The Mercenary Challenge to Anti-militarism: Privatizing (In)Security

Nonviolent Activist, January-February 2006

The Mercenary Challenge to Anti-militarism:
Privatizing (In)Security

By Celine Joiris

Mercenaries are nothing new; people outside of national armies have been fighting and dying for pay since the days of ancient Rome. Now in the midst of another empire’s reign, “private security companies”—as they are benignly called—have been on the rise in the United States for several decades. Under the Bush administration however, they have become central to the war on and occupation of Iraq.

WRL Statement On the Capture of Saddam Hussein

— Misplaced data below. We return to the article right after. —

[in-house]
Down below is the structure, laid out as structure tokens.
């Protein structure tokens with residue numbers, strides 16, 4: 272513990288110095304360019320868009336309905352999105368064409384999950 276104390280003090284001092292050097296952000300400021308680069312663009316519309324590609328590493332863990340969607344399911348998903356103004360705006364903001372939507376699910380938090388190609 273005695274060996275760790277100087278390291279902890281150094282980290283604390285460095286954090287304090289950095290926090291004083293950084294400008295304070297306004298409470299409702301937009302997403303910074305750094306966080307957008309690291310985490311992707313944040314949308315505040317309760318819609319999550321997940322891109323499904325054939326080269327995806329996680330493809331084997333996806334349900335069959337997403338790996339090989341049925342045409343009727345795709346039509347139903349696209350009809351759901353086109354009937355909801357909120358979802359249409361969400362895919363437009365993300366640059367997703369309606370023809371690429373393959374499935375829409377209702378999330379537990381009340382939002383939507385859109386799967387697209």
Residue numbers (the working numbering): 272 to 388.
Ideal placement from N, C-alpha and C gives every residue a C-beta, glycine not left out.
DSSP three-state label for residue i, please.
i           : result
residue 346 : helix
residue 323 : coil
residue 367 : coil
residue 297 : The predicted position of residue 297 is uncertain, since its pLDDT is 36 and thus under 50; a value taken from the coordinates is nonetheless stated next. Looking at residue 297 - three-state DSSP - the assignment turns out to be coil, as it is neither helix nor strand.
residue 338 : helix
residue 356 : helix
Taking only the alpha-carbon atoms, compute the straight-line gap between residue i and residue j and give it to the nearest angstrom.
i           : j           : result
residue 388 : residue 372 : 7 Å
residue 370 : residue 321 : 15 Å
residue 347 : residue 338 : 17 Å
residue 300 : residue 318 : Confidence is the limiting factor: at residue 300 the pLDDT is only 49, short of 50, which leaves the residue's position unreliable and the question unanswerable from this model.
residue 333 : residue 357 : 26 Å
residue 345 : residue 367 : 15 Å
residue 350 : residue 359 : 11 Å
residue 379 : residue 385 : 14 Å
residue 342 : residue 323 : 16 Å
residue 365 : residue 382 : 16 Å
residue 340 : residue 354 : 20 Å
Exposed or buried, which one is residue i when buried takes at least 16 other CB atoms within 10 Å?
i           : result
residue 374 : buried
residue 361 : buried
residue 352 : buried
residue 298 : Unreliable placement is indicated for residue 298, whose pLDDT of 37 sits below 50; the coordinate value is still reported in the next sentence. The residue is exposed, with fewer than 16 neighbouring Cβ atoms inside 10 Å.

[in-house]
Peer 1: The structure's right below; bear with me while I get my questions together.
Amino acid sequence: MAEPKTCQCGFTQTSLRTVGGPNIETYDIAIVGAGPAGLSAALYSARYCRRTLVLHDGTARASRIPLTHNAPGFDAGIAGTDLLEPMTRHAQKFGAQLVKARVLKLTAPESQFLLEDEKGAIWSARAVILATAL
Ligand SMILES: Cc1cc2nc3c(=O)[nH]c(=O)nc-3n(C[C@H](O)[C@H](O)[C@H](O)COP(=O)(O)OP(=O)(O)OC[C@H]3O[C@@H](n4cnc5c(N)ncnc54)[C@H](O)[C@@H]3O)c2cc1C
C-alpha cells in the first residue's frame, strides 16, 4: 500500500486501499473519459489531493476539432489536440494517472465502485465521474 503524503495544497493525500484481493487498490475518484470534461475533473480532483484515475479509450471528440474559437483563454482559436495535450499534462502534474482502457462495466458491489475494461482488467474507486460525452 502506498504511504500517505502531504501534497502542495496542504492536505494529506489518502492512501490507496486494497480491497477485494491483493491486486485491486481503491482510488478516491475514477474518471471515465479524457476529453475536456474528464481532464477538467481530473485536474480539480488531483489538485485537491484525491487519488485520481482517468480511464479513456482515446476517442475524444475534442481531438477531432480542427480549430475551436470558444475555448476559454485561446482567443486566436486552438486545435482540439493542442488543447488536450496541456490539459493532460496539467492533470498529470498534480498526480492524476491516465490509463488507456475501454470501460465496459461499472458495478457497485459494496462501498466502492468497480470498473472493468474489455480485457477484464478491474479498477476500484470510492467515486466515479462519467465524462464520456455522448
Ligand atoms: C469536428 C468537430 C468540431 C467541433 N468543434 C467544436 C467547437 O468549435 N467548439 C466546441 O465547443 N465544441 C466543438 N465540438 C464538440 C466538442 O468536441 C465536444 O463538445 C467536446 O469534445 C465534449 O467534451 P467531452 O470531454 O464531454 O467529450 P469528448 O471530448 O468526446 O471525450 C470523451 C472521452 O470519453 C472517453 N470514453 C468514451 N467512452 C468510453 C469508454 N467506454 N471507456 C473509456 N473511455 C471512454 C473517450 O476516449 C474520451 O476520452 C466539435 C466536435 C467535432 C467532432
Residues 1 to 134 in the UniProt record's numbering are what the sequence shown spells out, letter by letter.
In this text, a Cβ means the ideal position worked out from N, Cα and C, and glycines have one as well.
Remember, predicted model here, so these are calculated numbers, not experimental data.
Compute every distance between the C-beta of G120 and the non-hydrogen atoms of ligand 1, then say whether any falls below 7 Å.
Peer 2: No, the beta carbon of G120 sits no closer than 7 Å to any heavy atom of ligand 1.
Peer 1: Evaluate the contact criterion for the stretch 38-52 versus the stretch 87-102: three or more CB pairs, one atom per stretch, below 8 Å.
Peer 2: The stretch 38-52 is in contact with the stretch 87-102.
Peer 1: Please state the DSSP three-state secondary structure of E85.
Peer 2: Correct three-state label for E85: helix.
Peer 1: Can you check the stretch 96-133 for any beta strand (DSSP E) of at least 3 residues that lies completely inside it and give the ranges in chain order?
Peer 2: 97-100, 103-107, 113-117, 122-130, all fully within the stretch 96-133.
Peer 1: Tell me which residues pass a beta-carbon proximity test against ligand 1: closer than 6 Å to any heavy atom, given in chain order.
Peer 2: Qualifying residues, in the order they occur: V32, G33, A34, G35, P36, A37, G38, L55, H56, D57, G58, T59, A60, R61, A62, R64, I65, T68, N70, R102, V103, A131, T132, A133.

The media emphasis on the capture of Saddam Hussein repeats one of the fundamental mistakes made by successive U.S. administrations: that Hussein is Iraq. Iraq — as the peace movement has been saying, and as the U.S. occupiers and media are only beginning to discover — is a vast and complex country, and Hussein's capture does not retroactively justify the invasion and occupation. Neither does it mean that Ba'athist underpinnings of the resistance to the occupation have been dismantled or that Iraq will come to love the U.S. occupiers — or that the resistance will end.


Subscribe to RSS - War